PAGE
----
In this interview, David shares the story of how Planned Grocery started as a side project of parent company Beitz and Daigh Geographics. He goes over 3 rules for business, talks about why he wanted to build a product, and how it’s driven his company’s growth. He discusses the wide diversity of clients the company attracts, how he leverages content marketing and the benefits of keeping their target market highly focused. Finally, he muses on some entrepreneurship lessons he wishes he had learned sooner.

Matt Vaadi is a serial entrepreneur. He’s the founder and CEO of ERG Payroll & HR, a company that helps small businesses streamline and automate their HR function. He’s also the founder and CEO of Grow by ERG, a digital marketing and SEO shop, as well as a founding member of GrowCo. 

David Beitz is the Co-founder of Planned Grocery, a market research platform that maps and aggregates data on new grocery stores that are planned, under development, or have been built within the last six months. The platform is used by a wide variety of clients to quickly and easily conduct market research in the grocery space, including grocery chains, real estate, and development companies, investment firms, and salespeople.

Watch the 3 Rules for Business: Grow Camp with David Beitz interview here

Business Rules by David Beitz

Key takeaways

Rules for Business #1: Learn to qualify new business

One of the biggest mistakes David feels he made early on was taking on projects that just weren’t worth it. It’s a challenge that all entrepreneurs face. Whether because the client was difficult to work with, the project wasn’t a good fit, or they wanted to negotiate creative invoice terms (“I’ll pay you when I get paid”), David says new entrepreneurs should take the time to properly evaluate new opportunities.

“Learn to understand which projects to take and which ones to pass on.”

As you’re trying to grow a small business, it can be tempting to gloss over the qualification process with new potential clients, but doing so will only cost you time and money down the road. Be careful with the work you take on.


Rules for Business #2. Charge more than you think you should

“Don’t be afraid to charge what you think you’re worth.”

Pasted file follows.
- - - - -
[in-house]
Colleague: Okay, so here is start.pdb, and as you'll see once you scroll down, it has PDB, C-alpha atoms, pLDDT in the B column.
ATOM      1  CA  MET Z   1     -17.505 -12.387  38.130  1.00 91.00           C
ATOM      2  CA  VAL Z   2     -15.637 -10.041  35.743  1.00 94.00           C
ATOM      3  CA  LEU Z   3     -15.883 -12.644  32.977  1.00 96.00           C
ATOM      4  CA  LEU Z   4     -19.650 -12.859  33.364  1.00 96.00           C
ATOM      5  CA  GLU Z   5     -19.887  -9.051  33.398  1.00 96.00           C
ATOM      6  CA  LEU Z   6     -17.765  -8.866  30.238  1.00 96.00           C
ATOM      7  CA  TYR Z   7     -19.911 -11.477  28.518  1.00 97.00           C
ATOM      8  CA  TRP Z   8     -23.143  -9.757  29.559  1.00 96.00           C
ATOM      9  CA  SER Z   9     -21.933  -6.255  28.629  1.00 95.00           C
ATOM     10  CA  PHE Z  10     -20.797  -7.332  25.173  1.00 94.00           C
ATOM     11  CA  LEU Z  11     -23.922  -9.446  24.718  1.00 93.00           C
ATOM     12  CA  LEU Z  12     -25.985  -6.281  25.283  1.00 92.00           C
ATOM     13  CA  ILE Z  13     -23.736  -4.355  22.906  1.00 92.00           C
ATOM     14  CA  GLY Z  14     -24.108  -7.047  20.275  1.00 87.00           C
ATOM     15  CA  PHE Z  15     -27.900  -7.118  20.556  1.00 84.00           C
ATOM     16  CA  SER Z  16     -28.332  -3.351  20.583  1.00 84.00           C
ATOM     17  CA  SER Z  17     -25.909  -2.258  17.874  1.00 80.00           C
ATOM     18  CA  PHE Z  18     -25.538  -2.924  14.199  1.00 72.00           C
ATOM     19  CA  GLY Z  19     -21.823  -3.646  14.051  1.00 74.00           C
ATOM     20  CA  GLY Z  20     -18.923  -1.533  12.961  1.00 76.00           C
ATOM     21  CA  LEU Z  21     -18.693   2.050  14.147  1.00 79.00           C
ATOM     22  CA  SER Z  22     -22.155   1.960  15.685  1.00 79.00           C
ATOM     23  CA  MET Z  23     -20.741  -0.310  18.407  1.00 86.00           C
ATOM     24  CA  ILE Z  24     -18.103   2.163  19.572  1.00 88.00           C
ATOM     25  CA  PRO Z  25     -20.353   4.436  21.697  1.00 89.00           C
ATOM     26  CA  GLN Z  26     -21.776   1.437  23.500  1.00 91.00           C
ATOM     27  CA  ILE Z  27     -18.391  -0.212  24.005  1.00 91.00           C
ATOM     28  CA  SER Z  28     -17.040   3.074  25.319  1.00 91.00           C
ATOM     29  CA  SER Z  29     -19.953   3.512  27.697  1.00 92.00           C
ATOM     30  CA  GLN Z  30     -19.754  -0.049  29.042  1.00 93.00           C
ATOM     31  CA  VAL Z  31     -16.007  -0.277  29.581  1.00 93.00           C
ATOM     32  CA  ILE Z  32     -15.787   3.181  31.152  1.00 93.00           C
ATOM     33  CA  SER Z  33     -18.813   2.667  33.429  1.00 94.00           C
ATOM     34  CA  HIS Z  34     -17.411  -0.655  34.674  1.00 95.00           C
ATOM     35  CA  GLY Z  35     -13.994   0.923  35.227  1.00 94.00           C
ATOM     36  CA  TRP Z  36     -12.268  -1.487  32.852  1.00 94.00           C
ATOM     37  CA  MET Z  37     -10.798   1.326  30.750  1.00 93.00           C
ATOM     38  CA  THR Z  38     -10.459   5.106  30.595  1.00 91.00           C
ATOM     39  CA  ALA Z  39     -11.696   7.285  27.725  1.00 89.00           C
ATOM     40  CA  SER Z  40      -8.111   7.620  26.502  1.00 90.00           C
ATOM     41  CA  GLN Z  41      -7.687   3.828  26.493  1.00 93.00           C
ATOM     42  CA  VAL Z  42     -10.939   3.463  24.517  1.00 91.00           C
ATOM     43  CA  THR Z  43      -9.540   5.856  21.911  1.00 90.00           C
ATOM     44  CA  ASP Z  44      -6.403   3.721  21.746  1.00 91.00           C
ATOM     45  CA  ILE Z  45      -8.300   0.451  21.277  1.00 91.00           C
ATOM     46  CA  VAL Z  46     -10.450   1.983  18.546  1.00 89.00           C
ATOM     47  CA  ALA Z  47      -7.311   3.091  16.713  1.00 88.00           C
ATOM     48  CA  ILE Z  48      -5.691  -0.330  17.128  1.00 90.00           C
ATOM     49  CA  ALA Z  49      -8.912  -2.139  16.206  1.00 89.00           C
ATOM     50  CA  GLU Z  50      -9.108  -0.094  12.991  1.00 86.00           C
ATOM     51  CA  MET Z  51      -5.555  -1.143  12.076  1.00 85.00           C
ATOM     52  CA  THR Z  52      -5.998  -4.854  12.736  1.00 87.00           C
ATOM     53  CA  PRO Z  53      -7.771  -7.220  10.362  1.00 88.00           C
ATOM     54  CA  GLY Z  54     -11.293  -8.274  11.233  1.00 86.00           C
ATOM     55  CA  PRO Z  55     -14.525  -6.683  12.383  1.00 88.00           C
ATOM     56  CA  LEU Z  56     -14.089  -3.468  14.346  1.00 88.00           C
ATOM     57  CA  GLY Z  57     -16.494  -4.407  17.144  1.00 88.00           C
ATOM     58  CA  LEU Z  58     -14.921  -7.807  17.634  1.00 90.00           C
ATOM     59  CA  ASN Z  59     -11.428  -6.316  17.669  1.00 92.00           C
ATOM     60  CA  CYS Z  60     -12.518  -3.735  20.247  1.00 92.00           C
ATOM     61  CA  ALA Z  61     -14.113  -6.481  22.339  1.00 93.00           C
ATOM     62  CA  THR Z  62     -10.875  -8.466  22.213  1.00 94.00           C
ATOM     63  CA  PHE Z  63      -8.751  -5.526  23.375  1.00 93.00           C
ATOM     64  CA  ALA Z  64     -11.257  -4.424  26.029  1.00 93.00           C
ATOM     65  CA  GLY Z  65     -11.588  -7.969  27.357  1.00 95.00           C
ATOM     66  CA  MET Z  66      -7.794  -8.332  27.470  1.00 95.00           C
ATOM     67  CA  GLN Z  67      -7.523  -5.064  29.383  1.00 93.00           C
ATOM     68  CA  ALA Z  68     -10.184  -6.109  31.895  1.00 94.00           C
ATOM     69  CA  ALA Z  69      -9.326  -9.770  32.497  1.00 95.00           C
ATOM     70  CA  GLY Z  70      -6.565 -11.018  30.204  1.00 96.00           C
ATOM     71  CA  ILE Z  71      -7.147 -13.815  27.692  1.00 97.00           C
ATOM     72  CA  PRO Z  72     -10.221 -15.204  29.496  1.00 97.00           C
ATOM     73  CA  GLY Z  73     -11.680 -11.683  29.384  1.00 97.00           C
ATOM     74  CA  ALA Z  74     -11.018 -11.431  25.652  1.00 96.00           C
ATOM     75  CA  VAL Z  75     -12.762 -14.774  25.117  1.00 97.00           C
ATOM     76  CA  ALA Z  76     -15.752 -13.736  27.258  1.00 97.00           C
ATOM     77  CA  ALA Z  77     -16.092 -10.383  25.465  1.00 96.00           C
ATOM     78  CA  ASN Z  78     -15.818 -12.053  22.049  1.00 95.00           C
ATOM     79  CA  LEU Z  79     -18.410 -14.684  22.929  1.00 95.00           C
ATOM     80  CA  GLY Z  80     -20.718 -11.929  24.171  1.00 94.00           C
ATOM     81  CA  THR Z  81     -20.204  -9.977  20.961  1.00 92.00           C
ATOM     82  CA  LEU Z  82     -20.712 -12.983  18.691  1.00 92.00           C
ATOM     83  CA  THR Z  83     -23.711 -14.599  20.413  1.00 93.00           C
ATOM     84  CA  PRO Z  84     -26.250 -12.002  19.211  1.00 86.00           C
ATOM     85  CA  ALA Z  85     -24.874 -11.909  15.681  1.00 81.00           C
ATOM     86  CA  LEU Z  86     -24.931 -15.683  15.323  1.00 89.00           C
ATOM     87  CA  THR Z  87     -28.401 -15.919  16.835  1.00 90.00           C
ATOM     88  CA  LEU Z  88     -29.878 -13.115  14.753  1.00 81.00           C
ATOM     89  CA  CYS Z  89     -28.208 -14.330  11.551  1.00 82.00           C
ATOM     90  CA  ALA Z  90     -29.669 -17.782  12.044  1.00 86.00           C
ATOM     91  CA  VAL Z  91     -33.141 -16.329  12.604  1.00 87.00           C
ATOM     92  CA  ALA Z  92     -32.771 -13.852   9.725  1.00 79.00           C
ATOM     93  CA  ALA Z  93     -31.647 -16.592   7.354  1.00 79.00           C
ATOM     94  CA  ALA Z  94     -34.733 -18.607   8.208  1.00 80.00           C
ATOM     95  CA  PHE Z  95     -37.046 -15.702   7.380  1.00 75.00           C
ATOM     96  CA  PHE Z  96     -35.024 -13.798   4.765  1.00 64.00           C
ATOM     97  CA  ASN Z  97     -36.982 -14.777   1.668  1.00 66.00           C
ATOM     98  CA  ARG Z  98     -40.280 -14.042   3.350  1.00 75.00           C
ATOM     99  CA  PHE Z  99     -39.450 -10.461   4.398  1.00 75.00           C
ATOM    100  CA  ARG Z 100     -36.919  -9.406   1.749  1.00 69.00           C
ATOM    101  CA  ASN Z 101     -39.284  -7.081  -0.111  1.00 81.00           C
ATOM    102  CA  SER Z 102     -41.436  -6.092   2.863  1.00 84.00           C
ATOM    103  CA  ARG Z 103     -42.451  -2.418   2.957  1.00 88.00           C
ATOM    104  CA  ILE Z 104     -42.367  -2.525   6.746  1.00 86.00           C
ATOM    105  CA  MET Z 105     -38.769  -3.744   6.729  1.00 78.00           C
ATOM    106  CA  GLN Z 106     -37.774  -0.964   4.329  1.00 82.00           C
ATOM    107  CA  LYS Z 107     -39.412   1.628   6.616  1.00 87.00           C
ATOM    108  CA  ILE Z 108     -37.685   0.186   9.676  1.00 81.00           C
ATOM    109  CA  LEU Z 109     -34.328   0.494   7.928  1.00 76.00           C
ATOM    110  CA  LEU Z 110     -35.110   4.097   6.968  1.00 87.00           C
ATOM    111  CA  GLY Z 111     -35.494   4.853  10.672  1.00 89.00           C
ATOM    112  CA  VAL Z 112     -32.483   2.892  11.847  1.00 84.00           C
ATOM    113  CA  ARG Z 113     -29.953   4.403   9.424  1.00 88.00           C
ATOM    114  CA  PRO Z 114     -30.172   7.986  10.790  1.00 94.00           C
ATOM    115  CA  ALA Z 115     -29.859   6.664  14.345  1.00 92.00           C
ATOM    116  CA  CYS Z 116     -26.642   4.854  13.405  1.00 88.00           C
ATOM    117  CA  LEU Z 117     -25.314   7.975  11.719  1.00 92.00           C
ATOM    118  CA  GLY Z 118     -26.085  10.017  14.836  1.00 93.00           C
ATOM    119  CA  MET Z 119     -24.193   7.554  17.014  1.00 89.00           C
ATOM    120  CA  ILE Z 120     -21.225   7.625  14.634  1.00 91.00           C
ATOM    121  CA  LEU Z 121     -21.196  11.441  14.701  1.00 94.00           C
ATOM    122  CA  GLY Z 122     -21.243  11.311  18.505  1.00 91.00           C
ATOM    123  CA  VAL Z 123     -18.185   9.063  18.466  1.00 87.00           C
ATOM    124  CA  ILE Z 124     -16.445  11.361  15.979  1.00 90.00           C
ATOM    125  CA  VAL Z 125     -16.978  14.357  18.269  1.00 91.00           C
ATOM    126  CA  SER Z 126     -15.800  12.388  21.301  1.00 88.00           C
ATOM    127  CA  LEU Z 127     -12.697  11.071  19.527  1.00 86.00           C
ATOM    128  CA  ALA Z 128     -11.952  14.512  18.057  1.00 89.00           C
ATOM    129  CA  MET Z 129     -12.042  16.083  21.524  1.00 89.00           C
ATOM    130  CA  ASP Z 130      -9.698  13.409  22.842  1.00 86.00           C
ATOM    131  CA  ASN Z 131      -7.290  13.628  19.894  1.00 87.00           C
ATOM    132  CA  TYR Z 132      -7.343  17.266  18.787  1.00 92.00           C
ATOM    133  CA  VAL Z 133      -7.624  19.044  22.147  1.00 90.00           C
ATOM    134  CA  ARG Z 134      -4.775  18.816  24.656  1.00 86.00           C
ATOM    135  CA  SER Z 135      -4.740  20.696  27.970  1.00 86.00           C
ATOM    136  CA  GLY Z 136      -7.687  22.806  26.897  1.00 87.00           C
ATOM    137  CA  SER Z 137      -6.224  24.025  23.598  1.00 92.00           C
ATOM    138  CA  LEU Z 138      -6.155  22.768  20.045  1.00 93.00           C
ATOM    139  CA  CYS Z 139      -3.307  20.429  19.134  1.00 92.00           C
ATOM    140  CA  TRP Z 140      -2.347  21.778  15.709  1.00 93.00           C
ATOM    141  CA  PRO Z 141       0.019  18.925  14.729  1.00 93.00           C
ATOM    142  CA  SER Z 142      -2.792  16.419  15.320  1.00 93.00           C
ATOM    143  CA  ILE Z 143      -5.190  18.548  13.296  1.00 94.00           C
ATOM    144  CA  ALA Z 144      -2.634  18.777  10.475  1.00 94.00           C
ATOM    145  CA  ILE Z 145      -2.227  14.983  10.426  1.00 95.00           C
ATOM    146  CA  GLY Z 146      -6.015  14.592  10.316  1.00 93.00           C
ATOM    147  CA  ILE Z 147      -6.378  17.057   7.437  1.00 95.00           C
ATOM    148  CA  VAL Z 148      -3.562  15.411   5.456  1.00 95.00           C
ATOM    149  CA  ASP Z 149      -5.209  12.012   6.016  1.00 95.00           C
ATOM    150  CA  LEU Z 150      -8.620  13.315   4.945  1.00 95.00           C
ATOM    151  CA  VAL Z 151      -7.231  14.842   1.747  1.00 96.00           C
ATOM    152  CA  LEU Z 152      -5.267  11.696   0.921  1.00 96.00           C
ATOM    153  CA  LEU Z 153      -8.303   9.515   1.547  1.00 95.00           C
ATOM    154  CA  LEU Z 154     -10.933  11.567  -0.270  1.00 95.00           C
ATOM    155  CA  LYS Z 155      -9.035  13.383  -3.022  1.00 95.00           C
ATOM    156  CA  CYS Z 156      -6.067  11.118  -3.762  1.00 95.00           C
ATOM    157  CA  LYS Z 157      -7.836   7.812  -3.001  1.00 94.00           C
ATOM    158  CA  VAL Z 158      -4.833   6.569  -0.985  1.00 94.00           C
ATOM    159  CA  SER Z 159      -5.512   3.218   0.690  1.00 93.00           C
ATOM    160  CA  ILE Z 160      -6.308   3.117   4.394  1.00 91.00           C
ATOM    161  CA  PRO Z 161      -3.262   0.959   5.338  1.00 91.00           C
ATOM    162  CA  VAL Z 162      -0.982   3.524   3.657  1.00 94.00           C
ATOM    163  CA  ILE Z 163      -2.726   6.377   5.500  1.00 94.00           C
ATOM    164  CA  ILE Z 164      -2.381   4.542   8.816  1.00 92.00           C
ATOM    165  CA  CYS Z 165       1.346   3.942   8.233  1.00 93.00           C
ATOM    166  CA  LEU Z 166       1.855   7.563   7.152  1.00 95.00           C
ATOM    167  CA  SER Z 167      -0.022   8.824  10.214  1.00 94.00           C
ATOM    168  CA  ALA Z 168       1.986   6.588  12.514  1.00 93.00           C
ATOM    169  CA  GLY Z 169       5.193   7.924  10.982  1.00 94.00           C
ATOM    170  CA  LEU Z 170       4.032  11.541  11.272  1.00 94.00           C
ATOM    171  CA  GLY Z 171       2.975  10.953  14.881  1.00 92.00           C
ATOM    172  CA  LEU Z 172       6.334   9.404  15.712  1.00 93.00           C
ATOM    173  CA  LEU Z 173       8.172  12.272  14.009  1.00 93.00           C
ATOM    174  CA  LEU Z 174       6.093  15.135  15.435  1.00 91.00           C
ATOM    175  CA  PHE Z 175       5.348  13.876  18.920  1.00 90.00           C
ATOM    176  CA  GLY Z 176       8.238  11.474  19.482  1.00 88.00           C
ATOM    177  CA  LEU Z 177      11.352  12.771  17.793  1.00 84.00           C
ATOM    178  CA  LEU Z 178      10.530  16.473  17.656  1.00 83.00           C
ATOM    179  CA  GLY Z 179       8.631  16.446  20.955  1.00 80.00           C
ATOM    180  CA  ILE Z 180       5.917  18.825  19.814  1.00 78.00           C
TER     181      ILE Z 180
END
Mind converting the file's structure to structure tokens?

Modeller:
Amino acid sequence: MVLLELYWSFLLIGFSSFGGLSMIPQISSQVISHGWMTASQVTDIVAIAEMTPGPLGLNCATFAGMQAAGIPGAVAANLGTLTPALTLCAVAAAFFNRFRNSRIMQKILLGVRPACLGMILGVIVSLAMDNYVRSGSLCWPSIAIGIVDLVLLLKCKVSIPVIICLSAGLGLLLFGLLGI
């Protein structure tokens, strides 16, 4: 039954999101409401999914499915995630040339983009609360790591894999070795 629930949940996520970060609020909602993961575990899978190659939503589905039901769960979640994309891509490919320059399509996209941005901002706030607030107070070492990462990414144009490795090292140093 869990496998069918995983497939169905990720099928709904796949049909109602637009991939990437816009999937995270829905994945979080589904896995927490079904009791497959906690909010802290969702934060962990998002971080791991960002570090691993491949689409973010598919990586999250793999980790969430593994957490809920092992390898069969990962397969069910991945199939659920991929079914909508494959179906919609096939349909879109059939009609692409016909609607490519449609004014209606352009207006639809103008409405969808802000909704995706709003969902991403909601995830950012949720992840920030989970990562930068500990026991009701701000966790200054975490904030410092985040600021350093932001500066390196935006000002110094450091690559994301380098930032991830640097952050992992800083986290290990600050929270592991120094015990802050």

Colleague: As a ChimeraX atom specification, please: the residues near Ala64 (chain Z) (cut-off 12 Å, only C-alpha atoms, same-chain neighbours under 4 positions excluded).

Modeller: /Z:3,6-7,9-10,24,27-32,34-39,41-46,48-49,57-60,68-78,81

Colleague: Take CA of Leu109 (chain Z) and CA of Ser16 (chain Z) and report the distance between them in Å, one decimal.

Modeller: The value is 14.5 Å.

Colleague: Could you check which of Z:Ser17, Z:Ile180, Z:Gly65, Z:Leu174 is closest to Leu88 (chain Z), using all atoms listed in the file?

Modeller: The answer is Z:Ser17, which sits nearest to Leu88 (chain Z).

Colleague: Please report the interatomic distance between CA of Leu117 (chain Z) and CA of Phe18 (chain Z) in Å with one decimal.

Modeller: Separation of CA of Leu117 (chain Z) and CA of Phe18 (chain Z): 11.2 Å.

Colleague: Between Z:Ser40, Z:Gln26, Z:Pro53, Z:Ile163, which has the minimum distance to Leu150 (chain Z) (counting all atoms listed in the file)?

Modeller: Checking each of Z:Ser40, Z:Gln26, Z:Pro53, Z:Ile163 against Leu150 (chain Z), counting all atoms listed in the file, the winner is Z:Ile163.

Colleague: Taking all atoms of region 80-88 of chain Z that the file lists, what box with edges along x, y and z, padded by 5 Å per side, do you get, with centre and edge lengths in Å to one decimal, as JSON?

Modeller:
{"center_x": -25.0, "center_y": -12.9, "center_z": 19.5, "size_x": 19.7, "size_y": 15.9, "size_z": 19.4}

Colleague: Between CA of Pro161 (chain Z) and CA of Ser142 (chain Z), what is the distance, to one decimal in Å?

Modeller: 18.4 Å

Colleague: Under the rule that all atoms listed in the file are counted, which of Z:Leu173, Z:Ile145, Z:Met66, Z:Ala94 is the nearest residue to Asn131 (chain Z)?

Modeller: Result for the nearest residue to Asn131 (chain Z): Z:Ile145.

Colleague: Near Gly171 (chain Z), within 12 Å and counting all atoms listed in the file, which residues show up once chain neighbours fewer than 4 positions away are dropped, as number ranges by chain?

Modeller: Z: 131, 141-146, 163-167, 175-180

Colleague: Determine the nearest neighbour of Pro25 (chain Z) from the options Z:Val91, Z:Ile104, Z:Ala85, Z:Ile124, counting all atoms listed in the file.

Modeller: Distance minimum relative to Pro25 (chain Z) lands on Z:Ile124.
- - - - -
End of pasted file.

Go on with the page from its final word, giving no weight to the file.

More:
One of the mistakes new entrepreneurs make is charging too little—often because they underestimate how much work a project will actually take. David shares a piece of advice one of his mentors gave him on why what you think your work is worth is probably too low.

“There are three things you have to do whenever you’re thinking about your business. You’ve got to get the work, you’ve got to do the work, and you’ve got to get paid for the work—which is why you need to charge three times more than what you think you should.”

Remember that rule of three. Things always take longer than you think, and there are always unexpected obstacles. Don’t be afraid to charge enough to cover what a project will actually take.

In addition to pricing intelligently, build up-front payments into your contracts. David recommends putting it in the contract that you will invoice for 25%-50% of the cost at project commencement. You’ll be surprised at how few customers push back. If they do, that’s likely a red flag anyway.


Rules for Business #3. Build a product

Planned Grocery started as a side project of the parent company Beitz and Daigh Geographics. At the time, the company was focused on doing bespoke market research projects as a service, but David knew he wanted to build a product. They had recently brought on a new partner with a technical background, so Planned Grocery became a side project they worked on when other projects were slow. Now, Planned Grocery has become the main business, with revenues far surpassing their service offerings. 

Creating a product helps you get out of the cycle of trading time for money, and allows you to build a business that scales exponentially instead of linearly. It creates a source of monthly recurring revenue. 

If you currently have a service business, see if you can leverage it to create a product. The revenues from your service business can fund the R&D, and the knowledge and insights you gain from working with clients can help you create a product your customers will use.


About Planned Grocery

What started as a side project at a research firm is now the premier platform for tracking national expansion in the grocery market. It’s been featured in Bloomberg, Business Insider, Forbes, and the Wall Street Journal, and has a client list that includes Whole Foods, Wegmans, and FreshDirect. The platform is used by a diverse and growing list of professionals, and is constantly innovating to stay ahead of the competition.


About GrowCo

Of, by, and for founders, GrowCo is a collaborative partnership focused on sparking an explosion of entrepreneurial activity in Columbia, SC. GrowCo provides the community, mentorship, visibility, access to talent, and access to capital that high-impact, high-growth companies need to thrive and change the world. Our vision is simple: 10X the number of Inc 5000 companies in the next 10 years.

Grow Camp episode discussing rules for business

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